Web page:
Hersheimmer had left for Constantinople at a moment's notice if
he fancied that a clue to his cousin's disappearance was to be
found there. The energetic young man had succeeded in making the
lives of several Scotland Yard men unbearable to them, and the
telephone girls at the Admiralty had learned to know and dread
the familiar "Hullo!" He had spent three hours in Paris hustling
the Prefecture, and had returned from there imbued with the idea,
possibly inspired by a weary French official, that the true clue
to the mystery was to be found in Ireland.

"I dare say he's dashed off there now," thought Tuppence. "All
very well, but this is very dull for ME! Here I am bursting with
news, and absolutely no one to tell it to! Tommy might have
wired, or something. I wonder where he is. Anyway, he can't have
'lost the trail' as they say. That reminds me----" And Miss
Cowley broke off in her meditations, and summoned a small boy.

Ten minutes later the lady was ensconced comfortably on her bed,
smoking cigarettes and deep in the perusal of Garnaby Williams,
the Boy Detective, which, with other threepenny works of lurid
fiction, she had sent out to purchase. She felt, and rightly,
that before the strain of attempting further intercourse with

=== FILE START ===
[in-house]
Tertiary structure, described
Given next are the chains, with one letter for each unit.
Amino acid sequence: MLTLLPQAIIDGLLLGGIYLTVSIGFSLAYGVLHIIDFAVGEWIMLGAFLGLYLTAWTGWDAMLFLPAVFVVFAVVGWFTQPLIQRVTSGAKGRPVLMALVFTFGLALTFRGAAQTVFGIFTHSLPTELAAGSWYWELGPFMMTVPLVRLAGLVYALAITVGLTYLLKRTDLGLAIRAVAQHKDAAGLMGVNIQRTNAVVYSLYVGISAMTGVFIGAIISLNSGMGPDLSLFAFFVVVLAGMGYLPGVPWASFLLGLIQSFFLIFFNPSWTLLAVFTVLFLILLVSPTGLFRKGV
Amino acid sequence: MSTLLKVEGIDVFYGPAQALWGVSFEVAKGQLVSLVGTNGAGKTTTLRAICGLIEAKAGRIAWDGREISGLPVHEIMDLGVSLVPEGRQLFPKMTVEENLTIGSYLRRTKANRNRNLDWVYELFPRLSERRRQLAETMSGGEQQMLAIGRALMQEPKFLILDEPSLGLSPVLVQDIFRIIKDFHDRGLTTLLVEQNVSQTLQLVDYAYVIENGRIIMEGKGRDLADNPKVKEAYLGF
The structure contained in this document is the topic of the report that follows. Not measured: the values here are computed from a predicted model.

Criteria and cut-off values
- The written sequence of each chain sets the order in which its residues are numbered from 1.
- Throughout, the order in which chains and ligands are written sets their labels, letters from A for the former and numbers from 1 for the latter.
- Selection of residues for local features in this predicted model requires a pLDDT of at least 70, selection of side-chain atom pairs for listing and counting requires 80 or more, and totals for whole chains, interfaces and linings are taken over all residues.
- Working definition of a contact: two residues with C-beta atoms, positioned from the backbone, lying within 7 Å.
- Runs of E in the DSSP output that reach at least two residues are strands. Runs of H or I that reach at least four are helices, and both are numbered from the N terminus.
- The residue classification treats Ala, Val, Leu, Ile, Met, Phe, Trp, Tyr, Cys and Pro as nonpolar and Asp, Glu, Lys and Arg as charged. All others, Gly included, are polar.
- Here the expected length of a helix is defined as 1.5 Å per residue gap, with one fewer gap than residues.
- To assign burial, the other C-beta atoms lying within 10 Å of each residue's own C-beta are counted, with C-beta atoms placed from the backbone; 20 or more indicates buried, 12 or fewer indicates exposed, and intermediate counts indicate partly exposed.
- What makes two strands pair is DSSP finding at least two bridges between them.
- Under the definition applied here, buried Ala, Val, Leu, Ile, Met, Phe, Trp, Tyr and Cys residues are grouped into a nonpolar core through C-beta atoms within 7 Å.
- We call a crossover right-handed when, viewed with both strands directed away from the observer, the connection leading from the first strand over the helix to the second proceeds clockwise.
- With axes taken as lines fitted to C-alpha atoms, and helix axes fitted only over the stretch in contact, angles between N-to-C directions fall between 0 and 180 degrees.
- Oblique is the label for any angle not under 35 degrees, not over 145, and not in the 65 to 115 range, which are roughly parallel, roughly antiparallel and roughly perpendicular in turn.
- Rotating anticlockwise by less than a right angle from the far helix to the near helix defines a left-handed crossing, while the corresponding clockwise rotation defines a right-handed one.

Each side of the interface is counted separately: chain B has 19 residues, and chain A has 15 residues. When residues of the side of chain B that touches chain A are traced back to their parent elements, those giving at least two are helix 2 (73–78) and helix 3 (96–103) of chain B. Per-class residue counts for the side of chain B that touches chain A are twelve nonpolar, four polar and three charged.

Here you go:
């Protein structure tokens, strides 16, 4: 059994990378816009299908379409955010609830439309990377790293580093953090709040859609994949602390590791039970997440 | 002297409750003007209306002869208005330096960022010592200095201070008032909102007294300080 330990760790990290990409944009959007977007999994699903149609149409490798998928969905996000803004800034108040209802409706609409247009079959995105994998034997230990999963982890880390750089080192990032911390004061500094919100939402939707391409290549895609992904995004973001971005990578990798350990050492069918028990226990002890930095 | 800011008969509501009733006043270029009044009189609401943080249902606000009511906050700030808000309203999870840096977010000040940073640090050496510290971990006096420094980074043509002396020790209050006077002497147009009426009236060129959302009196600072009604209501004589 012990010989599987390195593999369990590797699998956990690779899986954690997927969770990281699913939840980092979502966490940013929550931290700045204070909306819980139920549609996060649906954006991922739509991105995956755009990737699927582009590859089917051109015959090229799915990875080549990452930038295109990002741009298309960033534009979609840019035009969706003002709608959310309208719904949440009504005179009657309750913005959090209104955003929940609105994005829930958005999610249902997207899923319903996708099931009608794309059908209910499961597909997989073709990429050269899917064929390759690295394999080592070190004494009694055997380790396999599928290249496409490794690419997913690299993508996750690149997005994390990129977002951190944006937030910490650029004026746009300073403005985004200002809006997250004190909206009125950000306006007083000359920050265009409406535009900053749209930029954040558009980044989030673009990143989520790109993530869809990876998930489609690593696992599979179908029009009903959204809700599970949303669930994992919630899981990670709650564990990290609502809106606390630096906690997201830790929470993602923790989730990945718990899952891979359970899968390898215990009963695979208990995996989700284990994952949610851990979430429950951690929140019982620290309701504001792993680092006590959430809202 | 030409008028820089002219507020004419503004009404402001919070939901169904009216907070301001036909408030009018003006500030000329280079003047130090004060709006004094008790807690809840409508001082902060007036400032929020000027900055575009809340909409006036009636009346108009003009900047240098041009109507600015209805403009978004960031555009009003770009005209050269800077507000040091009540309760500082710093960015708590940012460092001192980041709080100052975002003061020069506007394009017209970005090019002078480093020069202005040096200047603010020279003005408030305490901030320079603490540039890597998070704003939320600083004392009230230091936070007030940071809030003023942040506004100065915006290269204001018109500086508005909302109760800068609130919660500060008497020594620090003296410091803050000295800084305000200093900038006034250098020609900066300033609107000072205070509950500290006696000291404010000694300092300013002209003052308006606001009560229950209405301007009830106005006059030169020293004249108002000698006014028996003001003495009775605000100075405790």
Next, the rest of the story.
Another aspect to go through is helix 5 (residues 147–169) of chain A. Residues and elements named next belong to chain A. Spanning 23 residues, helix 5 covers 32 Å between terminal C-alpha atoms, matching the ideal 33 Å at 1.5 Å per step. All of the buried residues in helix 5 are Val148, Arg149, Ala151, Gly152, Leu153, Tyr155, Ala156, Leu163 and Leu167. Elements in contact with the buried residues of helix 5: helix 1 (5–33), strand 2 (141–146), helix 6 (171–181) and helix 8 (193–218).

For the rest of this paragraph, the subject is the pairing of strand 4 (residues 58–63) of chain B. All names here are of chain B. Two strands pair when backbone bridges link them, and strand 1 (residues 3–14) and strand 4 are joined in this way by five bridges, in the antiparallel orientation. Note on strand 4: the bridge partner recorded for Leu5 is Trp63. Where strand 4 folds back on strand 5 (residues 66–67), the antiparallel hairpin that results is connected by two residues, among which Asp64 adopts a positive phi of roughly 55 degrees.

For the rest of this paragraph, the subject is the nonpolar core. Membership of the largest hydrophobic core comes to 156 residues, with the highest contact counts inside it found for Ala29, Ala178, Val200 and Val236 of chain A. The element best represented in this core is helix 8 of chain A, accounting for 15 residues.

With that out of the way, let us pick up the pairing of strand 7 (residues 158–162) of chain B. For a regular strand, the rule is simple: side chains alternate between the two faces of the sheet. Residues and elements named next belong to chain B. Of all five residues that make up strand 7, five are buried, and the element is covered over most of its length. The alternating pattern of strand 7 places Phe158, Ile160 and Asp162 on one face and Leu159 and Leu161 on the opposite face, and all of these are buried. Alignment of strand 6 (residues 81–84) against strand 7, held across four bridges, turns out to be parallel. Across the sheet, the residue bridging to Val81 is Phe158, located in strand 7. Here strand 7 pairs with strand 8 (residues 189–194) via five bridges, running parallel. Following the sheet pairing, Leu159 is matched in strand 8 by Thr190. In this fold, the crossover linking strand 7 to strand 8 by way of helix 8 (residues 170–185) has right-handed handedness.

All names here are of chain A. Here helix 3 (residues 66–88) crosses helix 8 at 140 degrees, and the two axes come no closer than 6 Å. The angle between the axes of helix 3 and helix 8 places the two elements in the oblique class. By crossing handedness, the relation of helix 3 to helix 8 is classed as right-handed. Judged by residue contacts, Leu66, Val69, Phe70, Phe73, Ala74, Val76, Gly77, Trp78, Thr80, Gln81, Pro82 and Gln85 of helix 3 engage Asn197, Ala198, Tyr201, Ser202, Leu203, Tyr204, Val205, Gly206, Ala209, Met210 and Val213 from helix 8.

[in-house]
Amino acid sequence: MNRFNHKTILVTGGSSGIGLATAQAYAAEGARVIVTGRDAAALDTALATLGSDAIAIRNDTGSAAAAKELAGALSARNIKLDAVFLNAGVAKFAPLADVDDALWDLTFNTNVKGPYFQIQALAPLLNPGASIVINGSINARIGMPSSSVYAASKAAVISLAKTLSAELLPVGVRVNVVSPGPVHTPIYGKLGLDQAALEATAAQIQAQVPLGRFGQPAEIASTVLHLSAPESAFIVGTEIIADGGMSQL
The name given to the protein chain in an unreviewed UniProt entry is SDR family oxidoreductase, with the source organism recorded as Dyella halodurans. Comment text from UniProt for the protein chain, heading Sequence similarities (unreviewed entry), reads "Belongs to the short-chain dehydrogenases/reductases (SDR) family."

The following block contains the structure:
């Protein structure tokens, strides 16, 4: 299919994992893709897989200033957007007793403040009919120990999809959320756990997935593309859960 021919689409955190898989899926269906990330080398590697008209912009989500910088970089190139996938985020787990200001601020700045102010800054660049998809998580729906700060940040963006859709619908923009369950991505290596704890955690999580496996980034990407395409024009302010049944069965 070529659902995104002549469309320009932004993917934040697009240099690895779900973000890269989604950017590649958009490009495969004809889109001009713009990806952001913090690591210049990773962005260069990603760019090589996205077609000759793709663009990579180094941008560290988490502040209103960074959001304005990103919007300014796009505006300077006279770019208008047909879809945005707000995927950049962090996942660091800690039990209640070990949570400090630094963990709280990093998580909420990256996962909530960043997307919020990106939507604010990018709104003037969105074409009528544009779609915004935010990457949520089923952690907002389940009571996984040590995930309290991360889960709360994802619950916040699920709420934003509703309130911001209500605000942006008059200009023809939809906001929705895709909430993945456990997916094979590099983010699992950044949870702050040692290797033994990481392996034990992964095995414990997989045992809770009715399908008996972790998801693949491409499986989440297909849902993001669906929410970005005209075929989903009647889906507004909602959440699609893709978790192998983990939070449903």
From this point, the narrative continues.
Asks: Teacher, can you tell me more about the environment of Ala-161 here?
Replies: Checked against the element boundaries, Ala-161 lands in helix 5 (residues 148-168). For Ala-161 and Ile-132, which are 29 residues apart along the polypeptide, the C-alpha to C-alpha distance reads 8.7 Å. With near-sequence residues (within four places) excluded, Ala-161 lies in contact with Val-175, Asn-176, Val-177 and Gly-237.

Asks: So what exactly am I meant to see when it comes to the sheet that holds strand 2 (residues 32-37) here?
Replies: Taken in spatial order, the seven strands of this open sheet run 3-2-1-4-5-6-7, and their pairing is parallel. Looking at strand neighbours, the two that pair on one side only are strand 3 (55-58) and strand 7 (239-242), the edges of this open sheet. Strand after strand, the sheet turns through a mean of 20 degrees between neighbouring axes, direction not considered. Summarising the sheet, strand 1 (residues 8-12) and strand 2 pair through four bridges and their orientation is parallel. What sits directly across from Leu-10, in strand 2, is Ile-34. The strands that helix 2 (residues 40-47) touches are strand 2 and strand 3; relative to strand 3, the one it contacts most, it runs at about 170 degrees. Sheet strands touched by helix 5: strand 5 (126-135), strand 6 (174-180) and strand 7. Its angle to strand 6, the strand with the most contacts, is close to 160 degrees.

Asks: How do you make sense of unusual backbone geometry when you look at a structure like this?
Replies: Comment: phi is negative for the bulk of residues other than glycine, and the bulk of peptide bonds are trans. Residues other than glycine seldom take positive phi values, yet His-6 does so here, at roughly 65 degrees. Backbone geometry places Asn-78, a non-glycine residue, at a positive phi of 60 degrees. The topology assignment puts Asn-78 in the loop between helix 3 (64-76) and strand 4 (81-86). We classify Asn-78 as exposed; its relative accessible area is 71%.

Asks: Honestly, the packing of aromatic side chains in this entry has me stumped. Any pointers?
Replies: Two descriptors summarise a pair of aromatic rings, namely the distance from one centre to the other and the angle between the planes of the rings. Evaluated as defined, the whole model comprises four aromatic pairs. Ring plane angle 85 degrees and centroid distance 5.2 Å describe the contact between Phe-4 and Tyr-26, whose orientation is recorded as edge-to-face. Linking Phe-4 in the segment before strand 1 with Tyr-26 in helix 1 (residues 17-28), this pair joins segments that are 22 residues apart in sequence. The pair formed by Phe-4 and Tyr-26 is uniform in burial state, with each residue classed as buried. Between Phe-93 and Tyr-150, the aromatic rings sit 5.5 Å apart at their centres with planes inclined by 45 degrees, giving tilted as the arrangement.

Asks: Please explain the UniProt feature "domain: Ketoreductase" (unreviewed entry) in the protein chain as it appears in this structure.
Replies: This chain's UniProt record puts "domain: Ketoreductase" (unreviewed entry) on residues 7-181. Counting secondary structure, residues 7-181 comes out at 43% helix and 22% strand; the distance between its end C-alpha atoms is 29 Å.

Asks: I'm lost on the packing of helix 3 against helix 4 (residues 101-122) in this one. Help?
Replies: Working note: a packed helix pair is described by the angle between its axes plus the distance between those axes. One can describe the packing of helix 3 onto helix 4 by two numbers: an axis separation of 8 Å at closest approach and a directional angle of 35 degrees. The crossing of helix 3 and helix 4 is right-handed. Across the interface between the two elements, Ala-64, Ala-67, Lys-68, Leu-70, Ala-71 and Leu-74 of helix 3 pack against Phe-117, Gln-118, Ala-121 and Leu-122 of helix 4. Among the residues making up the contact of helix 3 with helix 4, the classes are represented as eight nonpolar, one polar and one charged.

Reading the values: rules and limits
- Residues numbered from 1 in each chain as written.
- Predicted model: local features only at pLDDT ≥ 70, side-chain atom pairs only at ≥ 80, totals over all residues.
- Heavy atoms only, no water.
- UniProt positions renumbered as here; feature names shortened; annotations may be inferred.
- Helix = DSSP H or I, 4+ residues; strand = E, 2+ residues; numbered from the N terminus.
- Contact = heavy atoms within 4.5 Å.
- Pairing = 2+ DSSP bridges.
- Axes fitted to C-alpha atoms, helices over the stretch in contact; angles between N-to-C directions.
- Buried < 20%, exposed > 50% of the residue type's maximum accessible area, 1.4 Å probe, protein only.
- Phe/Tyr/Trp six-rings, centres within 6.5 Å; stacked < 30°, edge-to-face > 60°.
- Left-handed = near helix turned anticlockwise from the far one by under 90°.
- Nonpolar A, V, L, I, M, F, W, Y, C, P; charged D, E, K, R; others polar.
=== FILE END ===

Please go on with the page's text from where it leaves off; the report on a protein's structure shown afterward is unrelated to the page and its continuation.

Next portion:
Albert, it would be as well to fortify herself with a good supply
of local colour.

The morning brought a note from Mr. Carter:


"You have made a splendid start, and I congratulate you. I feel,
though, that I should like to point out to you once more the
risks you are running, especially if you pursue the course you
indicate. Those people are absolutely desperate and incapable of
either mercy or pity. I feel that you probably underestimate the
danger, and therefore warn you again that I can promise you no
protection. You have given us valuable information, and if you
choose to withdraw now no one could blame you. At any rate,
think the matter over well before you decide.

"If, in spite of my warnings, you make up your mind to go through
with it, you will find everything arranged. You have lived for
two years with Miss Dufferin, The Parsonage, Llanelly, and Mrs.
Vandemeyer can apply to her for a reference.

"May I be permitted a word or two of advice? Stick as near to
the truth as possible--it minimizes the danger of 'slips.' I
suggest that you should represent yourself to be what you are, a
former V.A.D., who has chosen domestic service as a profession.
There are many such at the present time. That explains away any
incongruities of voice or manner which otherwise might awaken

"Whichever way you decide, good luck to you.
"Your sincere friend, "MR. CARTER."

Tuppence's spirits rose mercurially. Mr. Carter's warnings
passed unheeded. The young lady had far too much confidence in
herself to pay any heed to them.

With some reluctance she abandoned the interesting part she had
sketched out for herself. Although she had no doubts of her own